by Virginia Palacios
This op-ed is part of a series published by The Dallas Morning News Opinion section to explore ideas and policies for strengthening electric reliability. Find the full series here: Keeping the Lights On.
The winter power blackouts that killed more than 100 Texans and caused millions to suffer were predictable and preventable. While most of the blame has gone to ERCOT and the Public Utility Commission, the Railroad Commission of Texas was also responsible and needs reform.
Our electricity grid has had rolling blackouts at least five times in the last 32 years. Ten years ago, National Energy Reliability Commission investigators identified poor winterization of gas wells as one reason for gas supply failures in 1989, 2003 and 2011 and recommended that the state consider uniform standards for natural gas production and processing facilities. State regulators failed to do so.
Since last month’s deadly storms, Railroad Commissioner Jim Wright said the Railroad Commission will still not require wellhead winterization. Railroad Commission Chair Christie Craddick repeatedly deflected questions about winterization from lawmakers — directing attention instead to a loss of electricity at well sites and compressor stations. The commissioners seem to keep deflecting blame away from their agency, unwilling to own up to their repeated high-consequence failures to do their job.
In testimony last month at the state capitol, Craddick said that prudent operators already have an incentive to winterize their wells, noting, “if you’re offline you’re not making any money.” But Craddick couldn’t answer a question about which operators are winterizing. A state agency with oversight of infrastructure that has failed multiple times before should know more about the progress operators are making in preventing future failures.
During her testimony, Craddick also heard from friendly legislators quick to commend her for the natural gas industry being able to provide any gas supply at all during the crisis.
When an airplane crashes halfway to its destination, we don’t applaud the airline for getting its passengers halfway there. The National Transportation Safety Board conducts an investigation, and the Federal Aviation Administration enforces or, if necessary, changes its rules.
The reaction at the Capitol to the performance of the oil and gas industry during the freeze should prompt Texans to ask if lawmakers and regulators are unable to critically analyze systemic failures in the gas supply chain.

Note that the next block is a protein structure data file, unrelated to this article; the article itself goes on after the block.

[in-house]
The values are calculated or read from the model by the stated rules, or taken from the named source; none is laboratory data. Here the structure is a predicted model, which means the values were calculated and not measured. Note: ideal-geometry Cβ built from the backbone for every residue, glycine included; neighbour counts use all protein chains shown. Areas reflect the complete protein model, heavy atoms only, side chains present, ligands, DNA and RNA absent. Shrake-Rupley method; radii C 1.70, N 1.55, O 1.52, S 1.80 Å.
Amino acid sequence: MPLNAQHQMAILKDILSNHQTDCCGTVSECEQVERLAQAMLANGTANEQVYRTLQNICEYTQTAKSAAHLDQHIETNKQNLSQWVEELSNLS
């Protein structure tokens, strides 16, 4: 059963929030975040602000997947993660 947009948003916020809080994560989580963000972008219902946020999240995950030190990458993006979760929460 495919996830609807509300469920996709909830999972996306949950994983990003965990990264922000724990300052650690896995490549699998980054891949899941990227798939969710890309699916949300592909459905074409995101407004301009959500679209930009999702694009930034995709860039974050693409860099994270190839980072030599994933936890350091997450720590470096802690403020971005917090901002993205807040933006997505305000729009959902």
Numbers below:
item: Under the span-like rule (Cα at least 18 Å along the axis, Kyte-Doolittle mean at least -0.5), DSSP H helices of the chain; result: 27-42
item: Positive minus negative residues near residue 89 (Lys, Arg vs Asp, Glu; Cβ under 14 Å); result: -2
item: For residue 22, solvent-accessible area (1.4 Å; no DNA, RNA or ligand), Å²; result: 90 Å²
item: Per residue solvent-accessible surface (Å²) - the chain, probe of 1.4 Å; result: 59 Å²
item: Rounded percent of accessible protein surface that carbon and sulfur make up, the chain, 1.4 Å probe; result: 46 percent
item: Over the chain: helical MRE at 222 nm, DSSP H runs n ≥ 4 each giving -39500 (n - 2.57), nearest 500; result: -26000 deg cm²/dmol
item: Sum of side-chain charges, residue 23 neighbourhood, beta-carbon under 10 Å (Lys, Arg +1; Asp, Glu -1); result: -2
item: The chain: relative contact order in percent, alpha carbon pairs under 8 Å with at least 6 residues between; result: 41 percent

As elected officials, railroad commissioners may have an incentive to deflect blame in the hopes of being re-elected. Oil and gas companies have funded many Railroad Commission campaigns, contributing to Craddick’s campaign, too, creating a conflict of interest for the people of Texas who rely on the commission to make sound and unbiased data-driven decisions.
What we need from lawmakers and the Railroad Commission is an adaptive management approach including a detailed analysis of what went wrong, management of system weaknesses, and predictions of where system failures may occur in the future. Then, we need the commission to implement requirements that will prevent additional failures in future extreme weather events. Now is not the time to rely solely on existing market incentives.
As we move through spring, it may be sufficient in the short term for the Railroad Commission to point fingers at the Electric Reliability Council of Texas and the PUC for not “keeping the oil field on,” as one lawmaker put it. But it will cost more lives and money in the future if we don’t get wellhead winterization right before the next freeze. As the Texas Legislature evaluates restructuring the agencies we rely on for electricity, leaders must include the Railroad Commission on that list.
The Railroad Commission has failed to oversee the Texas oil and gas industry, and last month those failures led to the tragic deaths. The Texas Legislature has the power right now to force more accountability and oversight at the Railroad Commission.
Virginia Palacios is executive director of Commission Shift, a nonprofit focused on reforming oil and gas oversight in Texas. She lives on and co-manages her family’s ranch in Webb County. She wrote this column for the Dallas Morning News.